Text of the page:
Keystone Law is producing a resilient performance as the year unfolds, the firm’s interim results show, with revenues up despite the financial impact of the Covid-19 lockdown, but profits have slumped following internal investment at the UK-listed firm.
Revenue in the first half of the firm’s financial year was up 6.5% to £24.5m from £23m last year. However, adjusted profit before tax was down 18% to £2.2m for the period ‘due to investment in the central office support team as well as additional office space in Chancery Lane.’
‘It was a good start to the year until lockdown stopped things,’ Keystone’s CEO James Knight (pictured) told Legal Business. ‘New client demand was down around 30% at one point though it is now almost back to pre-Covid levels.’
The firm’s last full set of financials for the year to 31 January 2020 showed revenue was up 16% to £49.6m, with Keystone continuing a run of pacey financial results in recent years. Increasingly it is thought firms with a strong cash position are best placed to endure the economic uncertainty brought by the Covid-19 lockdown. Should that be the case, Keystone will feel confident after ending its interim period with a net cash figure of £6.9m compared to £3.4m in the same period last year.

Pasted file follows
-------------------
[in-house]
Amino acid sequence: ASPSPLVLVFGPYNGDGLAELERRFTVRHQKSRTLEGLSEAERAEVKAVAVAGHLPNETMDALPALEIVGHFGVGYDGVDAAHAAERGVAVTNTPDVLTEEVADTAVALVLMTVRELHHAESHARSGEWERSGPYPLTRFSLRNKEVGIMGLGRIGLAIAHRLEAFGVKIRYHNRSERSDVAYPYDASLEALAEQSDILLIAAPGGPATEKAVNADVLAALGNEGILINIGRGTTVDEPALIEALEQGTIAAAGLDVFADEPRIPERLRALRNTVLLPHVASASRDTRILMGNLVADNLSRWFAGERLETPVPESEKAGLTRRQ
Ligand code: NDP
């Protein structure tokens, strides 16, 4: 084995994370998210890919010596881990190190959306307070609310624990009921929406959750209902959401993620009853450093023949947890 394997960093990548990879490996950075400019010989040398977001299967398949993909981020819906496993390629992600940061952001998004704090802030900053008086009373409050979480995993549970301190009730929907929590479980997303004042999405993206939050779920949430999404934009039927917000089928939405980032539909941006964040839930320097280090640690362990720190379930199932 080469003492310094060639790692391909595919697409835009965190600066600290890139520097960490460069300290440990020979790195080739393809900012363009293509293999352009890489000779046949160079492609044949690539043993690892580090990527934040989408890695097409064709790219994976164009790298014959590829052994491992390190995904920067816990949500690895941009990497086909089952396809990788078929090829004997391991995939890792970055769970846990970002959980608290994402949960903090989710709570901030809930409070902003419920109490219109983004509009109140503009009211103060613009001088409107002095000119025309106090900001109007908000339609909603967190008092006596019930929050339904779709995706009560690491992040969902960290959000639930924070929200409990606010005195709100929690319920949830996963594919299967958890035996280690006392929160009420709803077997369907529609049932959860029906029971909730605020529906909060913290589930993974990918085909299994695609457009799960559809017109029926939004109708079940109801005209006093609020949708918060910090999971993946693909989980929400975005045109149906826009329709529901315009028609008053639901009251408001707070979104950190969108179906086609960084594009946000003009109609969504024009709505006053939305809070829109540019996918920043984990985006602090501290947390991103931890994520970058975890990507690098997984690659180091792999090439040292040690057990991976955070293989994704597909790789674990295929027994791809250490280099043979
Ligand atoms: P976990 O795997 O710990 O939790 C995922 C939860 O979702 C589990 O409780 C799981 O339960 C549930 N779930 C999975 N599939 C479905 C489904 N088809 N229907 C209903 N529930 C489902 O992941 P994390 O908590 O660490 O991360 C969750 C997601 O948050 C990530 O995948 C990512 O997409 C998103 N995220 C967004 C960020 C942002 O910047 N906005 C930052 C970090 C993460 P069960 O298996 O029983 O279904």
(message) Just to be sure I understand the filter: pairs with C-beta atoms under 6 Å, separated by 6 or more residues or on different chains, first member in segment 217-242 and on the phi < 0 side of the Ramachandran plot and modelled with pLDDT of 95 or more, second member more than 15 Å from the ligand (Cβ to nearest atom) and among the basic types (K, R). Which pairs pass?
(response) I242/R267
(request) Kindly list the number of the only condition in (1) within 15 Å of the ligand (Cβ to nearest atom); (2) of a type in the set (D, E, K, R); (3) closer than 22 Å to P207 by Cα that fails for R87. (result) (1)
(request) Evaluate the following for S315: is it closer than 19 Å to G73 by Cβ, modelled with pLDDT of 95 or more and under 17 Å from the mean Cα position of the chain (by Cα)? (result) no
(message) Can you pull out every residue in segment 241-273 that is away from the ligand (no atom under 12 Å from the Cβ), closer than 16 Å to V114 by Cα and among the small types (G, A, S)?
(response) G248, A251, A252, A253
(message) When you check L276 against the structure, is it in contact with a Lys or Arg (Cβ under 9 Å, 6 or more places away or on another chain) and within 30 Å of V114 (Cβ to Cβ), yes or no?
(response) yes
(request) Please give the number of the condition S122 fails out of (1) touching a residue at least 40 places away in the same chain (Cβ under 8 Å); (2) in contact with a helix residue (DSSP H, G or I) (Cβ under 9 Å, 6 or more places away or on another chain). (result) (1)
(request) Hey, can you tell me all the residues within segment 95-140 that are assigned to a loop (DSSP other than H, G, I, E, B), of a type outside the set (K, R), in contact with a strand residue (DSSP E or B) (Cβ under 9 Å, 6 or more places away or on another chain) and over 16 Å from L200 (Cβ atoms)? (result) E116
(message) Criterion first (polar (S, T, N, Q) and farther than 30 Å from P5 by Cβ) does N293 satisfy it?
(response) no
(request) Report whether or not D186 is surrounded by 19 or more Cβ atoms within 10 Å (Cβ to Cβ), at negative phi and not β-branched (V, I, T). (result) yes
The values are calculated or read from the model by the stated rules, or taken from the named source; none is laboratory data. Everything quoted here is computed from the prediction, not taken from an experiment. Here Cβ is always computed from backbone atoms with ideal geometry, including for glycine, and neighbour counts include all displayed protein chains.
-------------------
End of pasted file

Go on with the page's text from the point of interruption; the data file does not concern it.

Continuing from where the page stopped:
Though he firm’s growth over the first half of 2020/21 was driven partly by new client needs in light of the pandemic, Keystone’s financial director, Ashley Miller, told Legal Business. ‘While it has been a bit lumpy, what we have seen is a return of the business streams to where we were pre-Covid.’
Miller and Knight also highlighted the firm’s continued push in lateral hires, with lawyer numbers at the firm increasing to 426 over the interim period with 27 new partner-level hires. Earlier this month Keystone added three laterals to its ranks, with corporate specialist Sandra Bates and environmental law expert Yohanna Weber joining from Fladgate and Fieldfisher respectively while commercial property lawyer Alex Heaton joined from Reed Smith.